r                              3.1.2               1  pkgs/r
r                              3.1.2               2  pkgs/r
r                              3.1.2               3  pkgs/r
r                              3.1.3               0  pkgs/r
r                              3.2.0               0  pkgs/r
r                              3.2.1               0  pkgs/r
r                              3.2.2               0  pkgs/r
r                              3.3.1        r3.3.1_0  pkgs/r
r                              3.3.1        r3.3.1_1  pkgs/r
r                              3.3.2        r3.3.2_0  pkgs/r
r                              3.4.1        r3.4.1_0  pkgs/r
r                              3.4.2      h65d9972_0  pkgs/r
r                              3.4.3        mro343_0  pkgs/r
r                              3.4.3          r343_0  pkgs/r
r                              3.5.0        mro350_0  pkgs/r
r                              3.5.0          r350_0  pkgs/r
r                              3.5.1        mro351_0  pkgs/r
r                              3.5.1          r351_0  pkgs/r
r                              3.6.0           r36_0  pkgs/r

conda-forge and bioconda

Conda can access channels that are not part of the main Conda package system. Two popular channels are conda-forge and bioconda. To install the package nextflow from bioconda, for example, you can run:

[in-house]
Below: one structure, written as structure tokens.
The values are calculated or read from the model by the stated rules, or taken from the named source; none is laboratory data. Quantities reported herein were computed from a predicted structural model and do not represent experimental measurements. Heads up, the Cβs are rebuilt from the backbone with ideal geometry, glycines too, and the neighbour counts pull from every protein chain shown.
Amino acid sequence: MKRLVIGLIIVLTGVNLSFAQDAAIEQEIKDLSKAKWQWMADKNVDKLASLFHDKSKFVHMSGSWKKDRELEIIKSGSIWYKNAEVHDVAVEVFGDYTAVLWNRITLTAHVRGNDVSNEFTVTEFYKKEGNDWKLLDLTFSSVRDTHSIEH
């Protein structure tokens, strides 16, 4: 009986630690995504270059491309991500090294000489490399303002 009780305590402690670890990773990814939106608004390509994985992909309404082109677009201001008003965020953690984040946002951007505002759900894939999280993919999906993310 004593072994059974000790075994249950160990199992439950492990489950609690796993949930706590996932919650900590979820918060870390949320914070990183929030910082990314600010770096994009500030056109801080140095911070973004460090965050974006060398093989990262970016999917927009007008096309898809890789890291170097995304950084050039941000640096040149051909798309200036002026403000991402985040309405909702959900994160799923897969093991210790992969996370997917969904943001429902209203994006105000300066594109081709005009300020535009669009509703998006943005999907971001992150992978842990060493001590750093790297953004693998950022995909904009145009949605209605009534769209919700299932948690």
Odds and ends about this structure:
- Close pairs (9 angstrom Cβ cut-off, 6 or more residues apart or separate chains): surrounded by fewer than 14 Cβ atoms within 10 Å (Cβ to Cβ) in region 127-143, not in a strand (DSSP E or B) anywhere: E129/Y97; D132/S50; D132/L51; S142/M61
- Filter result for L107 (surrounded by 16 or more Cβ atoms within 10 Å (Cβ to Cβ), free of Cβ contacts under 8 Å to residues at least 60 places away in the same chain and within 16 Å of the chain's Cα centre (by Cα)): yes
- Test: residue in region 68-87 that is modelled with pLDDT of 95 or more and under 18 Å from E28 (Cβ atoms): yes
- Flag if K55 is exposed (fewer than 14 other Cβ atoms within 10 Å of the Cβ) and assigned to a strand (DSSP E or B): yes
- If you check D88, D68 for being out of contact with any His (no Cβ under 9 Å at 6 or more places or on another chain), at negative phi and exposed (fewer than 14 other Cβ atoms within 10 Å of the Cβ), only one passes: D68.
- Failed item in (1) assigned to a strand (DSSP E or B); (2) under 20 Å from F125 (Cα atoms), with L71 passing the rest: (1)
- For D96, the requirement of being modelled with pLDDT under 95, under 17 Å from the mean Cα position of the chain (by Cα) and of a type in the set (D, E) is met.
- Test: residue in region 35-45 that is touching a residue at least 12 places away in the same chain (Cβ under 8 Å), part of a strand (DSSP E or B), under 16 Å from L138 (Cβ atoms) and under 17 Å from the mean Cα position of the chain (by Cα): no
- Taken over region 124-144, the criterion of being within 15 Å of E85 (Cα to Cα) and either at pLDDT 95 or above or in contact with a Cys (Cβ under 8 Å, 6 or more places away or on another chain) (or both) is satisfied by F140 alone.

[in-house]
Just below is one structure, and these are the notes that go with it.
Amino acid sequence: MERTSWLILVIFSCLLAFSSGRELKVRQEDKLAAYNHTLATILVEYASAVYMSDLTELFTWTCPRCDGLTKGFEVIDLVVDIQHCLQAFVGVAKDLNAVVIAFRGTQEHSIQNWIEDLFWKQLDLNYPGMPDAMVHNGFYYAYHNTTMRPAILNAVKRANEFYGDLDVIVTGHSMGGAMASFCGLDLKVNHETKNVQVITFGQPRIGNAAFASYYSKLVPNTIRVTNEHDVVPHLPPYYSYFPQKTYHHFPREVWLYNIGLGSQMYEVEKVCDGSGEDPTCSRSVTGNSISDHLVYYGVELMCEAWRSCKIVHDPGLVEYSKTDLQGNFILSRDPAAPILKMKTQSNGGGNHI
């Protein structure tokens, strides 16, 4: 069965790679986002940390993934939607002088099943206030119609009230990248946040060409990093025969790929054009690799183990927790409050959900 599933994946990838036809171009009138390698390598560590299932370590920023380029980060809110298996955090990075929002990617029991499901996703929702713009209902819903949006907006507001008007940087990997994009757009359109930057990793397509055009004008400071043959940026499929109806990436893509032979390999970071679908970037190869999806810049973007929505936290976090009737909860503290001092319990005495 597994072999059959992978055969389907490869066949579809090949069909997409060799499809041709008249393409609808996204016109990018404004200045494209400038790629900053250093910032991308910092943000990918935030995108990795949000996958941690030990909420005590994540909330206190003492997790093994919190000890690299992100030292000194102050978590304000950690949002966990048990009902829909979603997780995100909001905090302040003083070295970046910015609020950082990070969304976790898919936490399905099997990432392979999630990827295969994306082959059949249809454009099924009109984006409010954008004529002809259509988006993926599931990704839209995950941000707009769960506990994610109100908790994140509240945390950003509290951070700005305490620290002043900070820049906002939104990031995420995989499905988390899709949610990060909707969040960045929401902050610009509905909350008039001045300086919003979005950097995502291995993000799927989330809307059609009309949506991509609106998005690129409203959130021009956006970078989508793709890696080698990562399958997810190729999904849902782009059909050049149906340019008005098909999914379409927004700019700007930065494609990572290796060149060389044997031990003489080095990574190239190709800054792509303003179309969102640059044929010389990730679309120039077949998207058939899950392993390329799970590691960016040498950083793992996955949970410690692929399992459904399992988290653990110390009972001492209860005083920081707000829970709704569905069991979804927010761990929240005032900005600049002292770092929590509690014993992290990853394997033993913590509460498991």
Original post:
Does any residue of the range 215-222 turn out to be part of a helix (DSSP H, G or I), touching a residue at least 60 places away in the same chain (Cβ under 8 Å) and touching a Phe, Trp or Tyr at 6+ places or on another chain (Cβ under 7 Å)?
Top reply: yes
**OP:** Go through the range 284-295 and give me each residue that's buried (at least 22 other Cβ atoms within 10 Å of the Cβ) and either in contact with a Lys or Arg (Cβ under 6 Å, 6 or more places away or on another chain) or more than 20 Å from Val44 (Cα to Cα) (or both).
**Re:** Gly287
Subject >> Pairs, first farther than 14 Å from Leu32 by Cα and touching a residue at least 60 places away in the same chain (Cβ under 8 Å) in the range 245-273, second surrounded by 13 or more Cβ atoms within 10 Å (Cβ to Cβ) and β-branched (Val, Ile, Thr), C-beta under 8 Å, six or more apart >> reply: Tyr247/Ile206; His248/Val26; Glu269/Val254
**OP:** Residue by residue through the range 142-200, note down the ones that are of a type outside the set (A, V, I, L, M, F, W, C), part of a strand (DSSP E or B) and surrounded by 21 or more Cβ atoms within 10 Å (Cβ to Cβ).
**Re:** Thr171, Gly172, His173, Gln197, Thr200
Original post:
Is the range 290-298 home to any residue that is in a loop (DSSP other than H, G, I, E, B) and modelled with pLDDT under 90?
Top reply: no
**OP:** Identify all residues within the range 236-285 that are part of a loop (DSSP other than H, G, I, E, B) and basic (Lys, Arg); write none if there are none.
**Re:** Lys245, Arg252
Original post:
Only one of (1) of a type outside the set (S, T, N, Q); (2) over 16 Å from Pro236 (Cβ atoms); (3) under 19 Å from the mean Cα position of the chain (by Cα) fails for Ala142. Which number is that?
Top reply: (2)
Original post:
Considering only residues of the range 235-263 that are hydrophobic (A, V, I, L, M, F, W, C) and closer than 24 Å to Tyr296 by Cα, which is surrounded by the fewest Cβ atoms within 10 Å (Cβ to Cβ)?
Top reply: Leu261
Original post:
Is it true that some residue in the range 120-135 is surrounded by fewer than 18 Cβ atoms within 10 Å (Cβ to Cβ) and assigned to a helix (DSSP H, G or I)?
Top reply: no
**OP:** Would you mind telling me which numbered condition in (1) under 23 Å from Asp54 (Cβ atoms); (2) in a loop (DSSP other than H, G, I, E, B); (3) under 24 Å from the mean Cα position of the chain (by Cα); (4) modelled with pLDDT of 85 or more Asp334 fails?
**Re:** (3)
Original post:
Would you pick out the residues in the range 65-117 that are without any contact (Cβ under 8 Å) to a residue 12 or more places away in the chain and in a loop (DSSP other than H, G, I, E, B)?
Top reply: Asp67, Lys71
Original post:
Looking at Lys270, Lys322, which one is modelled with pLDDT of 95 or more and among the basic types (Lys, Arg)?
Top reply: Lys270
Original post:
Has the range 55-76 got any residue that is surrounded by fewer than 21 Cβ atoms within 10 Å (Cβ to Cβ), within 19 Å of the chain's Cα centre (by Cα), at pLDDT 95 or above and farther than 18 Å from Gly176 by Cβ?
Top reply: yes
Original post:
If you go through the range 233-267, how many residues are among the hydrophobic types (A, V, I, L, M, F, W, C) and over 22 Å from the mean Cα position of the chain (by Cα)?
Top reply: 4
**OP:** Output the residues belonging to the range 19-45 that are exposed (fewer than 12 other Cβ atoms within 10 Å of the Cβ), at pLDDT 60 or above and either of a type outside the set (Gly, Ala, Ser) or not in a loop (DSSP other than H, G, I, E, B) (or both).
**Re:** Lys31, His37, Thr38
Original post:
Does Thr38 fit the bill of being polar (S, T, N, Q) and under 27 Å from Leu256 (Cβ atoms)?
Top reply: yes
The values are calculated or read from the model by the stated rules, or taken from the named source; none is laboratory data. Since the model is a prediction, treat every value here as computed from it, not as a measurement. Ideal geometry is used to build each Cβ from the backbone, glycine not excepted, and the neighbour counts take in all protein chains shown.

conda install -c bioconda nextflow

Removing a package

To remove an installed package, use

conda env remove -n <package name>
Your environment must be activated to uninstall a package.

Deactivating the Conda environment

To clear an active environment, use conda deactivate.

conda deactivate

Using and creating environment.yml files

Conda environments can be described in environment.yml files. This lets others (or future you) create a copy of your Conda environment. To create an environment.yml, take a snapshot of your Conda environment with conda env export:

conda env export > environment.yml
The > operator directs the output of conda env export to a file.

environment.yml files can be used to create a new Conda environment. For example, to create the example environment myenv2, run the following command:

conda env create -n myenv2 -f environment.yml

Installing mpi4py in a Conda environment

By default, using conda install to install mpi4py will cause Conda to install its own version of MPI. However, the Conda version of MPI is incompatible with CIRC systems. In order to install mpi4py in a Conda environment, you need to use pip install instead of conda install:

pip install mpi4py

pip install does not install its own MPI and will use the active system MPI.

You might get a compiler_compat warning when compiling mpi4py using system MPI with pip. Unfortunately, the only easy solution for this is deleting the compiler_compat directory from your environment. For example:

rm -r $HOME/.conda/envs/myenv/compiler_compat

This may have unintended consequences, so back up your environment before testing it.